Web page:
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The Duke Case.--

If bloggers were eligible for Pulitzer Prizes for journalism (they aren't unless their blogs are hosted on newspaper sites), I would nominate Brooklyn Professor KC Johnson, who blogs at Cliopatria and Durham-in-Wonderland, for his coverage of the Duke case. No self-respecting journalist would think of writing anything long and evaluative on the Duke case without first checking the "blog of record," Durham-in-Wonderland.

Those of us who have been following Johnson's staggeringly insightful analyses of developments in the case can't wait for his book on the hoax, which I heard will be co-authored with the brilliant Stuart Taylor.

Although the deadline for postmarked nominations for the Pulitzer's passes in a couple days, I wonder whether anyone has thought of nominating the Duke student newspaper, the Duke Chronicle. Perhaps (if KC Johnson's assessments of the quality of their work is accurate) they might merit a shared Pultizer along with the best of the MSM reporters, Joseph Neff, of the News and Observer. Johnson assesses the Duke Chronicle's work:

Few people any longer are defending the print media's coverage of the lacrosse case. In a recent edition of CNN's Realiable Sources, CNN and Washington Post media correspondent Howard Kurtz termed the event an "absolutely awful performance by the media, pumping this into a big national melodrama." Christine Brennan, a reporter for USA Today, agreed that it was "an awful performance, an embarrassing time, I think, for journalism . . . I think some people lost their minds in this story."

One general exception to this pattern exists: the college media. The journalists of the Duke Chronicle have provided more, and better, investigating reporting on the case than every reporter in the country combined except for Joe Neff. . . .

Add to these articles the paper's regular coverage, first-rate commentary from columnists Kristin Butler, David Kleban, and Stephen Miller, and prescient editorials on Nifong and the Group of 88's statement (among others)—and the Chronicle's performance over the past ten months has been remarkable.

In fact, compare the Chronicle's coverage to that of the New York Times on this case, but remove the mastheads from the two papers. I suspect that most people would guess that the Times, with its (until recently) simplistic, one-sided articles and commentary was the college newspaper, and the Chronicle's work was that of the country's paper of record.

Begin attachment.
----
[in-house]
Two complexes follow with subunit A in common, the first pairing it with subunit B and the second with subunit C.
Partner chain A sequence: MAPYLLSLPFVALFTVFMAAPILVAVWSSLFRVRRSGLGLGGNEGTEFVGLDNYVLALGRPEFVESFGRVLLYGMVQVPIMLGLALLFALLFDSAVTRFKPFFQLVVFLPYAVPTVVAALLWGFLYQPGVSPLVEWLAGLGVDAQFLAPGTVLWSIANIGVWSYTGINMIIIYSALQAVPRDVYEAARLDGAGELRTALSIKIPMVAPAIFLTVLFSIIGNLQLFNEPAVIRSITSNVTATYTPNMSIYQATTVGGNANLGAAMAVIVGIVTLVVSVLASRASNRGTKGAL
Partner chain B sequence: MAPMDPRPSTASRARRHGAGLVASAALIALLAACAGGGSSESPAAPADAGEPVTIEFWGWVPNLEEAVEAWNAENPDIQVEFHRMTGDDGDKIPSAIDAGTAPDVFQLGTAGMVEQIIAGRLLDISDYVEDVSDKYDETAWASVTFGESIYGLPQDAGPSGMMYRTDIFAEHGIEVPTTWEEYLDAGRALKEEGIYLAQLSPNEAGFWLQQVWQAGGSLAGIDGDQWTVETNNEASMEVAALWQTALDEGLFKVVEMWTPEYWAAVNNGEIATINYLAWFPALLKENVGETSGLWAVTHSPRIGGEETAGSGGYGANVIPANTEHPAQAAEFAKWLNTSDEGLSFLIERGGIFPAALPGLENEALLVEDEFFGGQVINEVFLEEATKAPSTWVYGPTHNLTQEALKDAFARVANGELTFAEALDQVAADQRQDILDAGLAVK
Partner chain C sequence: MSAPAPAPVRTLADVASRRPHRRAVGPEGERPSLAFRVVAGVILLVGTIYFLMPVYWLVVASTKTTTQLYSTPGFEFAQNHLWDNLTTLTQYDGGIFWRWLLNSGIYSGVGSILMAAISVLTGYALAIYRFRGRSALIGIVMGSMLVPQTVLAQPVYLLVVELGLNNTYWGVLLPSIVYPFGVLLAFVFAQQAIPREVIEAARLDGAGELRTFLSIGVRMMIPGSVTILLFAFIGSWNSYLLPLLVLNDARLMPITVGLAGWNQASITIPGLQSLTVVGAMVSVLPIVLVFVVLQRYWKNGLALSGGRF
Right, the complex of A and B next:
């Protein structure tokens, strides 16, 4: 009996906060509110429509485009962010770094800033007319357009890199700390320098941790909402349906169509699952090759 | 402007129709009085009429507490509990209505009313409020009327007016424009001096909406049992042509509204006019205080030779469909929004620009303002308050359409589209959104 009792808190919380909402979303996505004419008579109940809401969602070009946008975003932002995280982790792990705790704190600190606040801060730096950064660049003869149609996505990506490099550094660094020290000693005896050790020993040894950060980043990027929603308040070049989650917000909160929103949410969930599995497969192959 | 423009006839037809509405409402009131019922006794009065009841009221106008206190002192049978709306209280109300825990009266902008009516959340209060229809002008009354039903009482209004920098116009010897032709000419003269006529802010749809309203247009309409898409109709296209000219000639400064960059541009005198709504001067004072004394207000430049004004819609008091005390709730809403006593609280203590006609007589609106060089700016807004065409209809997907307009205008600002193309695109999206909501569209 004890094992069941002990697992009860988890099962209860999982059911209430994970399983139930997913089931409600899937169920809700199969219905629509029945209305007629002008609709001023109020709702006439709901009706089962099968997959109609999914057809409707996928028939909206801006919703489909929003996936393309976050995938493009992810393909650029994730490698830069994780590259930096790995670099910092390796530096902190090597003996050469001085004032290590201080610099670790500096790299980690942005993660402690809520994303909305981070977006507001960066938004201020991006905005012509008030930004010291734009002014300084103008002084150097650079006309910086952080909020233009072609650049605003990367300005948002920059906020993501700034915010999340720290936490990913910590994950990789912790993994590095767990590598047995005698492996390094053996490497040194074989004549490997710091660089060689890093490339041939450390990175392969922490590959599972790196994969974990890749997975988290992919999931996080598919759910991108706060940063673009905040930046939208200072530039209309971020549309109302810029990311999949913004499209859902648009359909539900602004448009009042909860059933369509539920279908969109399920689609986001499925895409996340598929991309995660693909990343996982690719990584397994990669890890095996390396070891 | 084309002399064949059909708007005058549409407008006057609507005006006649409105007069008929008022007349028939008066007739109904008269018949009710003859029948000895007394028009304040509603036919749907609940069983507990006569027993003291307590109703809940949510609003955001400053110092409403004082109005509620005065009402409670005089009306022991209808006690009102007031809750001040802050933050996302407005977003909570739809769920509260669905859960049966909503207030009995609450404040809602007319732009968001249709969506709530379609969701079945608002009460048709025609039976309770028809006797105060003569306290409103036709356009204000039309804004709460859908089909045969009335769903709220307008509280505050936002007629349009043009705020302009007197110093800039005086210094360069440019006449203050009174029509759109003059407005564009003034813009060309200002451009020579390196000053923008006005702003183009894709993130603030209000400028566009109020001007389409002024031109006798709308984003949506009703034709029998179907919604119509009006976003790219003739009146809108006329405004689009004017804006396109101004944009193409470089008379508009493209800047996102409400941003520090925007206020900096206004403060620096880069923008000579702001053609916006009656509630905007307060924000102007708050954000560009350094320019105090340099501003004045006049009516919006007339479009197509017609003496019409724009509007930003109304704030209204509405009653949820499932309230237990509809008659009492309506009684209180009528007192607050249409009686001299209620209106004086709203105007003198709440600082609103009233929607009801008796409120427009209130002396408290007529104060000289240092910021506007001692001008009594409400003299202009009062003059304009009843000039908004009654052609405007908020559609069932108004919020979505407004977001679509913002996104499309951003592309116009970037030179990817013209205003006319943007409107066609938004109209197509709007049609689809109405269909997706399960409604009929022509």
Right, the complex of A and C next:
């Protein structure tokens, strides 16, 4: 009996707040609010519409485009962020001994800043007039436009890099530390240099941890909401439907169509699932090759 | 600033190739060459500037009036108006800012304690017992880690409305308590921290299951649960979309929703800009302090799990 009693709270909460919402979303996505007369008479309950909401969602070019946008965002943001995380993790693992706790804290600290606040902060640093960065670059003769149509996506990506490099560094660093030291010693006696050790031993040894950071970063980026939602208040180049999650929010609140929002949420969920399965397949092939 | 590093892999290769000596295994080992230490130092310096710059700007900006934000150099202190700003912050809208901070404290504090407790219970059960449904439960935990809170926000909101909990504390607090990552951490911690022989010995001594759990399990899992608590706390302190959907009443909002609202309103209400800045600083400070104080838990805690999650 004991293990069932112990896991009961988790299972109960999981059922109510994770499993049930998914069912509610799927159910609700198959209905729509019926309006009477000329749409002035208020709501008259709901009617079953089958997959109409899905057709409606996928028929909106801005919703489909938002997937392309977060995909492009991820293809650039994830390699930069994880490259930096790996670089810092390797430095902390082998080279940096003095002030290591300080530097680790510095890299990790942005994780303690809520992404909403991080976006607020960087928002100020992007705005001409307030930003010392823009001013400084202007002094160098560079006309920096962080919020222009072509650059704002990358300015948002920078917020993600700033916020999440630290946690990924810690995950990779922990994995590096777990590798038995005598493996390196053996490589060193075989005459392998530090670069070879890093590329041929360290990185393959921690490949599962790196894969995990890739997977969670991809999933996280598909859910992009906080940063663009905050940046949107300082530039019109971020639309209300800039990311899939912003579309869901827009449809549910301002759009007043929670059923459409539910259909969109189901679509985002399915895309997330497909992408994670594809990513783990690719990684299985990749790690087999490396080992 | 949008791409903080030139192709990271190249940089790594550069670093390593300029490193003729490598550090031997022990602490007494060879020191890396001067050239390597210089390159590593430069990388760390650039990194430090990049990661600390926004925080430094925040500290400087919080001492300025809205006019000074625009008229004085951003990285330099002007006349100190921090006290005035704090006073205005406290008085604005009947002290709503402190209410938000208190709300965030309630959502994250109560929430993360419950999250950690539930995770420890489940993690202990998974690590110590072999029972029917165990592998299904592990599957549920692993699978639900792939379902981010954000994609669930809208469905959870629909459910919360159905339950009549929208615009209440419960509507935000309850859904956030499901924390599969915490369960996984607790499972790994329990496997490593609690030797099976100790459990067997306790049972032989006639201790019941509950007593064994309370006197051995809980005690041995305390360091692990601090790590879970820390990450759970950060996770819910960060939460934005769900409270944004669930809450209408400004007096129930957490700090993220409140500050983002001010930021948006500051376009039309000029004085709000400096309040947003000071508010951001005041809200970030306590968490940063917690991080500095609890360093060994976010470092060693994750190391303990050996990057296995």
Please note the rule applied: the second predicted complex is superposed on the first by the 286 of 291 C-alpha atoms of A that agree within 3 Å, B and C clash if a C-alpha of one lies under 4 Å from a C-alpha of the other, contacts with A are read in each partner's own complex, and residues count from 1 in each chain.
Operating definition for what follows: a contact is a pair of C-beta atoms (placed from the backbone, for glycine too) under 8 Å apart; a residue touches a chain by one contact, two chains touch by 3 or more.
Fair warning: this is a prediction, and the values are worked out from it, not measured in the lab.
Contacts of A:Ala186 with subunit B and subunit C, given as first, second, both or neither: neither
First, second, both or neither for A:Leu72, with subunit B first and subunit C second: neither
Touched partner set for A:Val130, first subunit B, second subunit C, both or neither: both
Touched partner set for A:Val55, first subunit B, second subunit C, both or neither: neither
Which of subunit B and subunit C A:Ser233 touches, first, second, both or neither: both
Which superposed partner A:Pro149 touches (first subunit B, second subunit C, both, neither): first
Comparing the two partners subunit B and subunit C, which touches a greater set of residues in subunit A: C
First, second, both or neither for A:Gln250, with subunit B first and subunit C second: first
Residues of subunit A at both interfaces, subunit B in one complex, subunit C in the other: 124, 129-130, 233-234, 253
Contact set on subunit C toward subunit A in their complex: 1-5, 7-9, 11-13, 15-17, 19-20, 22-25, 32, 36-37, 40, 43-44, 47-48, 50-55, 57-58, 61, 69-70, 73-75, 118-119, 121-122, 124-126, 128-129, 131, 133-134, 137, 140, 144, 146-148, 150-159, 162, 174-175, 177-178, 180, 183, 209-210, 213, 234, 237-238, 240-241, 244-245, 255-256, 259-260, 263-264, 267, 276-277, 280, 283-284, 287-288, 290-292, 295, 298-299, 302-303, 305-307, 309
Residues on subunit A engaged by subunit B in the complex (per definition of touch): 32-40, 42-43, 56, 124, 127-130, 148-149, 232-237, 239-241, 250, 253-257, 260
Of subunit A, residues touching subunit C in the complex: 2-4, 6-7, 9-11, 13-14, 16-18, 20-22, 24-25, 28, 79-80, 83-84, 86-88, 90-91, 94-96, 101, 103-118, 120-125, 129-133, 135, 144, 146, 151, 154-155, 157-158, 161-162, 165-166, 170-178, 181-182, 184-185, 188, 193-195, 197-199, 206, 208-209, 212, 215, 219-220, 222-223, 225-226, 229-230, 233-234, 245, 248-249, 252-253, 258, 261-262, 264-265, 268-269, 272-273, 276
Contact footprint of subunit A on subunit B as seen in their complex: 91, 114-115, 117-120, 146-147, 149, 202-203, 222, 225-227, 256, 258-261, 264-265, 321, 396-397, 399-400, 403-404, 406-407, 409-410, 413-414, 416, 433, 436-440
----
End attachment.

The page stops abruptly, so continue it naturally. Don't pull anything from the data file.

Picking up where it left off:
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The Duke Women's Lacrosse Team Should Be Honored.--

More on the Duke case: I was reading a long, stirring letter/post from a Duke alum, who identifies herself as Meadow (posted on Liestoppers):

Last spring, one of the only groups that stood up against a tirade of prejudices were the members of the Duke Women's Lacrosse team, led by their courageous coach, Kerstin Kimel. While the rest of the world was condemning the Men's Lacrosse team as guilty, Coach Kimel was actively supporting the students and her players' choice to show their support by wearing wristbands with the numbers of the indicted players. Rather than highlight the fortitude and commitment to the truth of these accomplished female athletes, the media rained criticism down in the most sexist and dismissive ways. Some examples:

Duke Free-falling from Grace (Stephen A. Smith)

"I never believed the day would come when we'd see an educational institution so flagrantly stupid, so selfish, so conspicuously aloof. Evidently it's Duke, supposedly one of America's more honorable institutions of higher learning."

Duke Women Not Innocent (Kevin Sweeney)

"And what lesson has the women's team taken? They apparently have learned that pack behavior is a good thing. They are speaking as one, and are proclaiming the entire men's team, as one, to be innocent. Team unity trumps all."

"By making such a public stand of unity before the facts come out, by saying so clearly that the accused is a liar, the women of Duke's lacrosse team won't make it any easier for other women to step forward. I can only hope that none of them will ever be in such a position — where they may be a victim, want to step forward, but sense ultimately that it just isn't worth it."

Duke Women Show Lack of Sensitivity (Jeff Schultz, quoting Katherine Redmond)